brightI’ve had to think hard and dig deep, but there really is an upside to coming out of an MS relapse.

Bear with …

I’ve looked over my previous blog posts and, wow, I’ve written some fairly depressing stuff, but I guess that’s the point of blogs – honesty and real life, warts and all.

I’m not one for sugar-coating MS, as regular readers will know. There’s highs and there’s lows. Lots of them.

So now I’m emerging from this MS relapse hibernation I mentioned previously, it’s time to move on and concentrate on the positive.

I don’t know about you guys, but coming out of a relapse is like slowly waking up to the world again and all it can offer. Dullness is replaced with bright, blinding colours. Clarity snaps through my mind like a tornado. The impossible becomes ever more possible.

It’s so difficult to explain. For months, life has been lived in a sludgy, treacle-like substance. Putting one foot in front of the other has been the sole aim. Sure, to anyone else, I’m holding it all together. Only I know how disastrously things are collapsing inside.

Fear. That’s the worst symptom of a relapse. Fear of MS progression, fear of treatment failure, fear of the future. And above all, where do I fit in to this world where everything is a battle – parenthood, work, studying, being a capable member of society?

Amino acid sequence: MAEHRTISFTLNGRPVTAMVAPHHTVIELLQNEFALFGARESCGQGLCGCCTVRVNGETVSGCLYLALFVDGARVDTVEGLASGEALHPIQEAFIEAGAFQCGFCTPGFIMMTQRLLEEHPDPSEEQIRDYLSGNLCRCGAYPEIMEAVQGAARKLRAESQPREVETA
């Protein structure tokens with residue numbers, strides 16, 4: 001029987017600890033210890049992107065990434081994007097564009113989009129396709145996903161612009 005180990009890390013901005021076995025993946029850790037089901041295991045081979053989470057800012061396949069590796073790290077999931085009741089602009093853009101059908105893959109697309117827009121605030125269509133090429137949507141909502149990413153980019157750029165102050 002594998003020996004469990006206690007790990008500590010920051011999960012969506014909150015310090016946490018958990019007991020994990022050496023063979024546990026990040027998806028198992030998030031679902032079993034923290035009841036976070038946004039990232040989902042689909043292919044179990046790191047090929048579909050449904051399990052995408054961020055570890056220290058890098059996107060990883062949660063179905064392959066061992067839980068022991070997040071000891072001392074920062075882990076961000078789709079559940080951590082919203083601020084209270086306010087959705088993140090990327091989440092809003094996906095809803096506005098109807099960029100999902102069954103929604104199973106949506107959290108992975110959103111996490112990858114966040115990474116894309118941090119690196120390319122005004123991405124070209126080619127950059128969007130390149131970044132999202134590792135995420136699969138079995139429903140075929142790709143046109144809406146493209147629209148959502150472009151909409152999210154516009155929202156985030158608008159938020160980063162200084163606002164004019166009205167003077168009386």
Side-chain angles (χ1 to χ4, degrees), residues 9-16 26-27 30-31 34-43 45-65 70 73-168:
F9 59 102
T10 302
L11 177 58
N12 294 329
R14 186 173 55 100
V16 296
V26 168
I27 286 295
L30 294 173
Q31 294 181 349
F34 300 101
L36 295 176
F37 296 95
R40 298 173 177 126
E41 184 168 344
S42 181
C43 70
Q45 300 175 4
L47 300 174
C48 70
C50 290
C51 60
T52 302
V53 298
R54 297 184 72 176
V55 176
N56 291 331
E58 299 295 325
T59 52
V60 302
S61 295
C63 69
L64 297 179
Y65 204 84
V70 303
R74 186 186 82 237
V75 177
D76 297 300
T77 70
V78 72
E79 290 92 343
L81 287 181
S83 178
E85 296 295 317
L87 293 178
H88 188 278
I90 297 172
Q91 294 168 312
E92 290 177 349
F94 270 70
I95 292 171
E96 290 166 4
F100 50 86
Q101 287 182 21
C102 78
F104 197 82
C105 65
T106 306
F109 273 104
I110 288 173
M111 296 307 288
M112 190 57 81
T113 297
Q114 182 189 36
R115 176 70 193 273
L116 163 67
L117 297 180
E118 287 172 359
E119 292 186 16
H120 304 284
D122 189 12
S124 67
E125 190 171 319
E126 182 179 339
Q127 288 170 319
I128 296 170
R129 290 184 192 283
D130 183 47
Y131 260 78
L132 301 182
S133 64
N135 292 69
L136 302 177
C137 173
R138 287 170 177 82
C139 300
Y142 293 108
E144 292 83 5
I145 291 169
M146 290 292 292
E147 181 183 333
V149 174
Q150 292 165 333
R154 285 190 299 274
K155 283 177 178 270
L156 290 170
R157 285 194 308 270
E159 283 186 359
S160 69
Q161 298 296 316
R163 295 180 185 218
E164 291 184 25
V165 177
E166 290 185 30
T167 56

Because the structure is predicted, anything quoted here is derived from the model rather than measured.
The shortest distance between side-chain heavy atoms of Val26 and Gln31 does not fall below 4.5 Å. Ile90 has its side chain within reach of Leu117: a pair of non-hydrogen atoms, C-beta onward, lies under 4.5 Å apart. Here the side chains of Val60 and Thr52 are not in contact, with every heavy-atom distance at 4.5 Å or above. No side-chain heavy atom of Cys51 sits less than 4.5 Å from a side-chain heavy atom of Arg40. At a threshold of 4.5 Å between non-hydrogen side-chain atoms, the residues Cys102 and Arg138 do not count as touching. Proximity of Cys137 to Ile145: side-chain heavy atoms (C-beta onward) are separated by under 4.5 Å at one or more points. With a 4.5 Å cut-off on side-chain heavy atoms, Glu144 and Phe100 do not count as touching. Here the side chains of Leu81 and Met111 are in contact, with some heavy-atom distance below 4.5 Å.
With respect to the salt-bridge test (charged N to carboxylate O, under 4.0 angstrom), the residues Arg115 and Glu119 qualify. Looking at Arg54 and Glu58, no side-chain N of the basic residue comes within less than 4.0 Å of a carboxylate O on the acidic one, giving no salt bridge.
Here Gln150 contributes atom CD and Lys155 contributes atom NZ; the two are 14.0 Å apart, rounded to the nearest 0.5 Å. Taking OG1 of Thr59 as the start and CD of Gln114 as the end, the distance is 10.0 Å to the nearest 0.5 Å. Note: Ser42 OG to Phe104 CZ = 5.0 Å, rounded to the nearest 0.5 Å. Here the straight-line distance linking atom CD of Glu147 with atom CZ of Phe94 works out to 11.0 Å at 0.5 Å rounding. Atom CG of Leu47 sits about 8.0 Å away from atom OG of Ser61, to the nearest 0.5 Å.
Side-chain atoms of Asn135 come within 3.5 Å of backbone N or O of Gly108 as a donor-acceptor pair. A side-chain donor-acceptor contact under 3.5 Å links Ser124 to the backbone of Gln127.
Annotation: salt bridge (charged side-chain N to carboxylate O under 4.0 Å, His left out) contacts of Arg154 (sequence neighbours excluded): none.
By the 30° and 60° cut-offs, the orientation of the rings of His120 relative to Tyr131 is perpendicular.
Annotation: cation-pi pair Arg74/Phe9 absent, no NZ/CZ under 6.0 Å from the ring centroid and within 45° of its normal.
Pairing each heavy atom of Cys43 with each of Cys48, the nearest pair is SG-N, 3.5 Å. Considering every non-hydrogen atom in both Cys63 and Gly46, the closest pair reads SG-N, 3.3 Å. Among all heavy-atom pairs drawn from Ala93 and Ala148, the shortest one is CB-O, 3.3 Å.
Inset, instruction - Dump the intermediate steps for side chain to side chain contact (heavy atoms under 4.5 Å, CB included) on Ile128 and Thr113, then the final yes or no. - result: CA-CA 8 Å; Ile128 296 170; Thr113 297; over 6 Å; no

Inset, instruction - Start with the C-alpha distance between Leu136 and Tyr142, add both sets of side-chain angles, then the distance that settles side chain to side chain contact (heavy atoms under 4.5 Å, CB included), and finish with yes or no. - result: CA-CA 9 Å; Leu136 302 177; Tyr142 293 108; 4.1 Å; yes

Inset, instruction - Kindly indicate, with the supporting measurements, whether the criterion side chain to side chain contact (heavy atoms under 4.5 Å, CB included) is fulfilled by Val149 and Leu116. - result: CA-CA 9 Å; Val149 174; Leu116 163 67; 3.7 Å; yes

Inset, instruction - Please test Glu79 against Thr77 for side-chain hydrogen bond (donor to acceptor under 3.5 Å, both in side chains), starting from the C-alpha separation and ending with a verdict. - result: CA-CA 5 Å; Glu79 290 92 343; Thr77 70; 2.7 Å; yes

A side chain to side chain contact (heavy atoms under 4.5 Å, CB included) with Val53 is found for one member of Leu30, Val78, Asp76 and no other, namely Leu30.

I might feel like I have achieved nothing during the relapse, but in hindsight I have. I’m still taking part in research projects, still attending MS meetings, still contributing my voice. I can do a lot with a laptop, despite the Wifi being a bit wonky when I’m lying down on the sofa.

I stood outside my back door yesterday and looked at the plants I had nurtured since seedlings. Achievement? Absolutely. I heard The Teenager singing in the shower; a confidant, blossoming young person with a bright future. Achievement? Hell, yes. My proudest and most shining example of hope over adversity. We’ve shared an incredible journey through MS together and now it is time he branches off and heads towards his dreams.

I am aspiring to be grateful for everything life throws at me. My first lesson has already happened – The Boss is picking me up at 7.15 tomorrow morning and my job is to write down lots of boring stuff.

No matter what, I will be the epitome of cool and count roof tiles and bits of wood. Just when I thought my life couldn’t get any more exciting …